The 19-member advisory committee issued its 3,200-word report report to Southern Baptist Convention Executive Committee President Frank Page in late May, acknowledging tension and disagreement between Calvinists and non-Calvinists within the convention and urging Southern Baptists to "grant one another liberty" on the issue and "stand together" for the Great Commission. Calvinists and non-Calvinists from all walks of SBC life served on the committee, which was assembled by Page and was not an official committee of the convention.
"We affirm that Southern Baptists stand together in a commitment to cooperate in Great Commission ministries," the report says. "We affirm that, from the very beginning of our denominational life, Calvinists and non-Calvinists have cooperated together. We affirm that these differences should not threaten our eager cooperation in Great Commission ministries."
Adam Harwood, assistant professor of Christian studies at Truett-McConnell College in Cleveland, Ga., wrote a blog at SBCToday.com, "Five Reasons To Be Thankful for the Statement from the Calvinism Advisory Committee." Harwood is not a Calvinist and last year was one of the signers of a statement that critiqued what it called the "New Calvinism" in SBC life. That statement was titled the "Statement of the Traditional Southern Baptist Understanding of God's Plan of Salvation."
Harwood said he had "high expectations" for the Calvinism committee report and his "expectations were met."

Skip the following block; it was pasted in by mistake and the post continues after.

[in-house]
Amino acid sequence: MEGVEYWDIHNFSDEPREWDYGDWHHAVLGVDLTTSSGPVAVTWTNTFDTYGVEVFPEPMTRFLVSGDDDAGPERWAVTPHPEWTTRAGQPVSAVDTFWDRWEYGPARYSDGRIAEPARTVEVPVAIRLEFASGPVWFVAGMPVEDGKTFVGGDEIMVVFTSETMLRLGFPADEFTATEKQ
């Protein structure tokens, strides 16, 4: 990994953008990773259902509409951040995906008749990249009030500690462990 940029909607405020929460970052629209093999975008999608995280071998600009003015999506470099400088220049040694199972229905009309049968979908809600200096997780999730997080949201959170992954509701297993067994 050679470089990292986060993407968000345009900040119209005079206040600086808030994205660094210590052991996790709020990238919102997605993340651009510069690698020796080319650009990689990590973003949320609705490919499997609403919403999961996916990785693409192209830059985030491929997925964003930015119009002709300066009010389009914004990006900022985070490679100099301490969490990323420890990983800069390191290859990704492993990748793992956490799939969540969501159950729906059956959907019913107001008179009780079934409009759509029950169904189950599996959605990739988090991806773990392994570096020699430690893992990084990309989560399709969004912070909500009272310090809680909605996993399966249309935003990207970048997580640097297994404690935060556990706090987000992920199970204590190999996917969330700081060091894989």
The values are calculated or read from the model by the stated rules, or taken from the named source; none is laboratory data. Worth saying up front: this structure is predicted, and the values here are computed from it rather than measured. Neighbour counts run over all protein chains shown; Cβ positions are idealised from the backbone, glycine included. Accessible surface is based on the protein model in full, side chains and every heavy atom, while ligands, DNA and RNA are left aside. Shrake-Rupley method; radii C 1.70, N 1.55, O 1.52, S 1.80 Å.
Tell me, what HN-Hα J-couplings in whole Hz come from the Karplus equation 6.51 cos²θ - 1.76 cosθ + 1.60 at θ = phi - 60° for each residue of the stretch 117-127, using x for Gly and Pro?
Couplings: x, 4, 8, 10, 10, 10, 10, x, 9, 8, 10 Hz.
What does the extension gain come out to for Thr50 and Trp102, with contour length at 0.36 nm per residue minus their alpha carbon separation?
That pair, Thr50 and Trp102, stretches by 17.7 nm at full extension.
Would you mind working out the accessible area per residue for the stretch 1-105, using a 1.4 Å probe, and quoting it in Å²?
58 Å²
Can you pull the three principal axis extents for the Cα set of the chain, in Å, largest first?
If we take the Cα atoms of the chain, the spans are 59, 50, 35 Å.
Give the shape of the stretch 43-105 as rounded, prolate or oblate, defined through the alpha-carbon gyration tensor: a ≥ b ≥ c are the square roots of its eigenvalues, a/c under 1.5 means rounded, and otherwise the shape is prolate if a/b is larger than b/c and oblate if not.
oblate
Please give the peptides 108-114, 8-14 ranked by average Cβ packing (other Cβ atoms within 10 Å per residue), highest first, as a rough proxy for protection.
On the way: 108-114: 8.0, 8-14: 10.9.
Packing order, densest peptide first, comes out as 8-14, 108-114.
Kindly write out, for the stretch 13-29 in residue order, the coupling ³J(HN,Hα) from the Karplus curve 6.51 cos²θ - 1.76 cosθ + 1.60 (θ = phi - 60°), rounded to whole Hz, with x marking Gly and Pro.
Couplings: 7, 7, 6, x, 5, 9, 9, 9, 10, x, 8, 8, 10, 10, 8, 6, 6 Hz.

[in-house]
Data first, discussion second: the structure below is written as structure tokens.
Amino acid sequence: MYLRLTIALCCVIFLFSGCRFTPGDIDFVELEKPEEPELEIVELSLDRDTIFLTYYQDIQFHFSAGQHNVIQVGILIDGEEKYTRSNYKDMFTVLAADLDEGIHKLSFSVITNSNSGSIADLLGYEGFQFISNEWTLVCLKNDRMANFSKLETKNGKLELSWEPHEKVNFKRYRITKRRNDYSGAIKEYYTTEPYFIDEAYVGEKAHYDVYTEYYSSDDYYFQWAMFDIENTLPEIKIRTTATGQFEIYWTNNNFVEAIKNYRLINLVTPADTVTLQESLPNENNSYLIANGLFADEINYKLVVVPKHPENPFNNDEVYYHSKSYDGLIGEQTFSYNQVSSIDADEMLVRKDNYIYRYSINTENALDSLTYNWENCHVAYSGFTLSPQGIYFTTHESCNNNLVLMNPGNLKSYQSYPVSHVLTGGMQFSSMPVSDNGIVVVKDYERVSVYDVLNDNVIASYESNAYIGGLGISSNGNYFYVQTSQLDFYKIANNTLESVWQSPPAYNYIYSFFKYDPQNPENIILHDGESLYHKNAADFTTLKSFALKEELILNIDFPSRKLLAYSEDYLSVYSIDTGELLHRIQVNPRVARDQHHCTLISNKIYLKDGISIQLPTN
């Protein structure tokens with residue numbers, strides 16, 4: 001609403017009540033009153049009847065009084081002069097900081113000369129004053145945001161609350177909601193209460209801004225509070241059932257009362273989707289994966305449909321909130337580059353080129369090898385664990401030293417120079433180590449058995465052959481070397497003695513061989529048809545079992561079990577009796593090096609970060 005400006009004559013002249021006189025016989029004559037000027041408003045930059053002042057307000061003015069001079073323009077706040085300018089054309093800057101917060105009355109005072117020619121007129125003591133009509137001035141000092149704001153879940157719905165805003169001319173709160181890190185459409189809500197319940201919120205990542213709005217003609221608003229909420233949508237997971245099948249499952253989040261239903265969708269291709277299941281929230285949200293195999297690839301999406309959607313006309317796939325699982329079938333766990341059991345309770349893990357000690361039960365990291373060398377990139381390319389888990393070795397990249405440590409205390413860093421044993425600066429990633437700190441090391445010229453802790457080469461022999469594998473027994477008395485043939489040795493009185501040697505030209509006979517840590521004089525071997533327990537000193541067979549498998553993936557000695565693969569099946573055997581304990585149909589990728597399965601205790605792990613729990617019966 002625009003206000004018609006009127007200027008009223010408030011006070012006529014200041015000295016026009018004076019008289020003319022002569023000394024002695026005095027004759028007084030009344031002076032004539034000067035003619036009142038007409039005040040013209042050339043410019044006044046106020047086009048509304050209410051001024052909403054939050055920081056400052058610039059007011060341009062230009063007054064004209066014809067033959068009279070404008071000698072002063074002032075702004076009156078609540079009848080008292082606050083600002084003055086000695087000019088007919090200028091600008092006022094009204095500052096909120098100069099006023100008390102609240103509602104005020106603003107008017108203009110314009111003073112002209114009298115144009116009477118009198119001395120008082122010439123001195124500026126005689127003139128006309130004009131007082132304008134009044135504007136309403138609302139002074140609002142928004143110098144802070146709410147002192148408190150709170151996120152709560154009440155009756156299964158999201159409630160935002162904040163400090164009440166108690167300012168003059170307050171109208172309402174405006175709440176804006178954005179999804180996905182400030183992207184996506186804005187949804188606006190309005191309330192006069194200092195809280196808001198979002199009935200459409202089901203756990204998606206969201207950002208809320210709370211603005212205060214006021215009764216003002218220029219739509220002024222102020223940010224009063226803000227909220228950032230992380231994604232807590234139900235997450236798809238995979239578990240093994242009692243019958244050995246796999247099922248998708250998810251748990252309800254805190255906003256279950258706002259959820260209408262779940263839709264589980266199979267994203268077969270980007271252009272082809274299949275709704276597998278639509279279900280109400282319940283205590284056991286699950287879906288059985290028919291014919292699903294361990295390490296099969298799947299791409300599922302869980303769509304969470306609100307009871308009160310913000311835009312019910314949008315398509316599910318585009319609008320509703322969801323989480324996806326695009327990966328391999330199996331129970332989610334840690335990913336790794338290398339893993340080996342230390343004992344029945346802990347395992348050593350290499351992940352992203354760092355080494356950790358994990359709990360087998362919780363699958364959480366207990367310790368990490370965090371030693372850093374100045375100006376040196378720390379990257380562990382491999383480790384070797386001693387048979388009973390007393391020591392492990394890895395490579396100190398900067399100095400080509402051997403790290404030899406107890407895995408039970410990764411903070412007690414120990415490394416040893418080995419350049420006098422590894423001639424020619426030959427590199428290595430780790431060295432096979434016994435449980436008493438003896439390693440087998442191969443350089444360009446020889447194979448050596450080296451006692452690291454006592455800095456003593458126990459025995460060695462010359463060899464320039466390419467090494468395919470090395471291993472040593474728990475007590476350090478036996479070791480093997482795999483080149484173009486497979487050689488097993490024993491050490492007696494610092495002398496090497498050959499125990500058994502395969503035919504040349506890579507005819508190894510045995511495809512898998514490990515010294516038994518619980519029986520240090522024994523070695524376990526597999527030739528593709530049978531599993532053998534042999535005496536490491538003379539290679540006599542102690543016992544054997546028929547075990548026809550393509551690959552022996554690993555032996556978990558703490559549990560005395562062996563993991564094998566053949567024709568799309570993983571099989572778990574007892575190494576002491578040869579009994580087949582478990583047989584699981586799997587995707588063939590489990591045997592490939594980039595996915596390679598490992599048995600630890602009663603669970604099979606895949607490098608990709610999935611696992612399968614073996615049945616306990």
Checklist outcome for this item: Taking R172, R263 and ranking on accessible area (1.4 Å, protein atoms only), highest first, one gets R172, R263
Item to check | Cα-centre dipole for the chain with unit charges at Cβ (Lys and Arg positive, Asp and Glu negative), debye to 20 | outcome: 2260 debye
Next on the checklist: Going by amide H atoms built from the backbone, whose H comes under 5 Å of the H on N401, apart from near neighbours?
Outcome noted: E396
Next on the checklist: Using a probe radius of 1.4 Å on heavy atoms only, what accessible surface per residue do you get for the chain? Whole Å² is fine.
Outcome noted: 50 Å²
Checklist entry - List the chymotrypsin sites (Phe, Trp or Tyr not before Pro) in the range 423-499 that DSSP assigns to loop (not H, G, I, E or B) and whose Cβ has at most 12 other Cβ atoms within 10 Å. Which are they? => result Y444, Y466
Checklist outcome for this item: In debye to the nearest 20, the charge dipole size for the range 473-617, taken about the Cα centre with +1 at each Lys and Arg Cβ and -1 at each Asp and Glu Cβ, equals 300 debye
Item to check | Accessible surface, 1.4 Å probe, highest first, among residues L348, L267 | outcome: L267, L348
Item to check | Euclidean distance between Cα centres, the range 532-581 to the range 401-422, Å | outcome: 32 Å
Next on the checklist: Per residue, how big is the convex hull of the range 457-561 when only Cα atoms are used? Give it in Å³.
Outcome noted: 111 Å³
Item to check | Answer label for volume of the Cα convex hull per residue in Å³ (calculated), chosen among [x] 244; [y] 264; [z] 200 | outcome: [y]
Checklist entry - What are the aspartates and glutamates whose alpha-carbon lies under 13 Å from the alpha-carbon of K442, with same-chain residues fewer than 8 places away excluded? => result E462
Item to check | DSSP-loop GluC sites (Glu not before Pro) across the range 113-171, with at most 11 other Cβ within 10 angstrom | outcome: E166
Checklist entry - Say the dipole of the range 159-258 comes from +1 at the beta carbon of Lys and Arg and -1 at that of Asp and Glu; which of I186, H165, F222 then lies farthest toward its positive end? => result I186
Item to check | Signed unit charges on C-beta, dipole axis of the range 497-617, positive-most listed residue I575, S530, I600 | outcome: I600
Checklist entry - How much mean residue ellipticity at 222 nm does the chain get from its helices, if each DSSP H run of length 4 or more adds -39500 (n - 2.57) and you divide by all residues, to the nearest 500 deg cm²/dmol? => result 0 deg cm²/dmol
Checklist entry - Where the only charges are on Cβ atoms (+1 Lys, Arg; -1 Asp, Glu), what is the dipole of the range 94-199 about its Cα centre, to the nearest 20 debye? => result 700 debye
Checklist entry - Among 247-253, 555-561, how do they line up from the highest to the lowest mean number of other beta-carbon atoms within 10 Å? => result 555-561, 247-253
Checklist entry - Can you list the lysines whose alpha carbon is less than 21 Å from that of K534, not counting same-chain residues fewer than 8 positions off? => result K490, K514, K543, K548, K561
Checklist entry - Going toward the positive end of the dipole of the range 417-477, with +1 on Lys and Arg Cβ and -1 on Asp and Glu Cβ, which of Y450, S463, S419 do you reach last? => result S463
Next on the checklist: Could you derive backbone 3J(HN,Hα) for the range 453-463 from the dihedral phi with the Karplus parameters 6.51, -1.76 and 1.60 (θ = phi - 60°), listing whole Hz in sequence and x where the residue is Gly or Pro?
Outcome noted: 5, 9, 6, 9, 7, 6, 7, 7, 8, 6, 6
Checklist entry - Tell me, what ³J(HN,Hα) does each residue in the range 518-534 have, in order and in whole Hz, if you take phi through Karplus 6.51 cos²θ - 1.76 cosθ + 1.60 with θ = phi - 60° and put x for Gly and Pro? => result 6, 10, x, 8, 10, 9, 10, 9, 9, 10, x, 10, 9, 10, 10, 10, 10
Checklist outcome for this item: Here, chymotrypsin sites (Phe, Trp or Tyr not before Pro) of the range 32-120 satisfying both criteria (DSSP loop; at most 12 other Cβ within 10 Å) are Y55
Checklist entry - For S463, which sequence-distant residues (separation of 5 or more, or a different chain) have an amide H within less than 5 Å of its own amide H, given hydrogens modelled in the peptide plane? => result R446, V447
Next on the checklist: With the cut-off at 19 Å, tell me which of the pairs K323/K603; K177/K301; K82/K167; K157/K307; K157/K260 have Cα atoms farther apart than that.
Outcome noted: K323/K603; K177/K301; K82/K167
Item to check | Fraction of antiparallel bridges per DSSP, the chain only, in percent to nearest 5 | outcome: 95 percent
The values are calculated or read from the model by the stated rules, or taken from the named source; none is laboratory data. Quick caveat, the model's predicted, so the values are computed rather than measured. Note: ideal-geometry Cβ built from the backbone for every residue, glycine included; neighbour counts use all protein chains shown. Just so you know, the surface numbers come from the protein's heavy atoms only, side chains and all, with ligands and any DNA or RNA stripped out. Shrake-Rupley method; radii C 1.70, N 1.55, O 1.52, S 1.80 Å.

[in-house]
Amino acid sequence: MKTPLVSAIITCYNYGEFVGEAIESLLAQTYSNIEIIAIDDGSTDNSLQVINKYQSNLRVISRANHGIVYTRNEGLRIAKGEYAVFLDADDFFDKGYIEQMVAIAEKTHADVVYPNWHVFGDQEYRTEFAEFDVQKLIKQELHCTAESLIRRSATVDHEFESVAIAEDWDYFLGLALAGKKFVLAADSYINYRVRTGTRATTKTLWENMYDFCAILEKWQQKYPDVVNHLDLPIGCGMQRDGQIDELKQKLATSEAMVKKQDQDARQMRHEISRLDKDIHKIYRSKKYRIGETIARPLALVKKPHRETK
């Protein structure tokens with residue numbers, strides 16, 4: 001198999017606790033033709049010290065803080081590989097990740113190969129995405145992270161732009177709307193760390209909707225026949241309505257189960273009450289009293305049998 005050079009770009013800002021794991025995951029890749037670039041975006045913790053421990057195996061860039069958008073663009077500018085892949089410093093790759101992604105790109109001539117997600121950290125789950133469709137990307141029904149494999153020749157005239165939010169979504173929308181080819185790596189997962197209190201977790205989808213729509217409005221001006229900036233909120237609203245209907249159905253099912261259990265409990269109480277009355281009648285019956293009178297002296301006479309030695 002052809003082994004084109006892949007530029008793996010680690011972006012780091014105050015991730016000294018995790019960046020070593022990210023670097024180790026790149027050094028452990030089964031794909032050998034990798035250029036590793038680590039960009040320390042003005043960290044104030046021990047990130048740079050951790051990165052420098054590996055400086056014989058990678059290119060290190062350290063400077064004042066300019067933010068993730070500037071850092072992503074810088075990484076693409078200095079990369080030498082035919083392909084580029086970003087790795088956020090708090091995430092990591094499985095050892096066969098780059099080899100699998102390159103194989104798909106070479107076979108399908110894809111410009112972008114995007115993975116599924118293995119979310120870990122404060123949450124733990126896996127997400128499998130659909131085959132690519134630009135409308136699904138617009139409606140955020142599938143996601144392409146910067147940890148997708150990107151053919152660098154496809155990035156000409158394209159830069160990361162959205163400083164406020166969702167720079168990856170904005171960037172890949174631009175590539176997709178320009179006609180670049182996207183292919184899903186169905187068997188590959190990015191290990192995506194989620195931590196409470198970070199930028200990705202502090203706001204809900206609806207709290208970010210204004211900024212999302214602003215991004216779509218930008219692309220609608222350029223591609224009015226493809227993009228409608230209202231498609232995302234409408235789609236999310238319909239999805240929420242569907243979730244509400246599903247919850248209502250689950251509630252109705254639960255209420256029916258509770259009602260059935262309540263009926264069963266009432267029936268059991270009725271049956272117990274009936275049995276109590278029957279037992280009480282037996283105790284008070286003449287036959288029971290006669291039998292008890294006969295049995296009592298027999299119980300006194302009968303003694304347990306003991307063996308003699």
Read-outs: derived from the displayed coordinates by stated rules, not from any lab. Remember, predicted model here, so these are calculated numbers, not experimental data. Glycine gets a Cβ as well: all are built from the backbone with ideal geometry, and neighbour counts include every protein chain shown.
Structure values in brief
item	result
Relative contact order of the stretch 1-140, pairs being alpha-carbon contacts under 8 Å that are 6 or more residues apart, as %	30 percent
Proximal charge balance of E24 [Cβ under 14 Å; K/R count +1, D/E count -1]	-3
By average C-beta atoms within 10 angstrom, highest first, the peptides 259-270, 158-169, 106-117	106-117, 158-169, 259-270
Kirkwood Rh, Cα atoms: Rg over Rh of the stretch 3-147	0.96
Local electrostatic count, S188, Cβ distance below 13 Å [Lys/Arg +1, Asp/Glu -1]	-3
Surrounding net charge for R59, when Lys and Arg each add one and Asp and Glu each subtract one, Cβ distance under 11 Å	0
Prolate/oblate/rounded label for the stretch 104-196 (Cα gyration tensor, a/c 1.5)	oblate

" models Great Commission unity amidst Southern Baptist diversity," wrote Harwood, who was elected to the faculty of New Orleans Baptist Theological Seminary in late May. "People with differing theological convictions have set aside those differences in order to reaffirm cooperation for the sake of the lost. ... he committee has aligned itself with the mission of the Lord Jesus Himself, who 'came to seek and to save the lost' (Luke 19:10). Such unity exists in wide theological diversity within the parameters of the ."
The Baptist Faith and Message is Southern Baptists' official statement of belief, last updated and approved in 2000.
The report by the committee on Calvinism should be applauded because it acknowledges that "Southern Baptists agree to disagree on certain points of Calvinism," Harwood wrote.
"That's important," he wrote. "The wrong approach would be to act as if there were no differences. There are different theological views among Southern Baptists, some of which are significant. But, as rightly notes, Southern Baptists have always been comprised of both Calvinists and non-Calvinists. They hold differing views on certain doctrines. But since the organization of the SBC in 1845, we have agreed to disagree on those particular theological points. simply reaffirms our agreement to differ peaceably on those issues. As the document states, 'Southern Baptists who stand on either side of these issues should celebrate the freedom to hold their views with passion while granting others the freedom to do the same.'"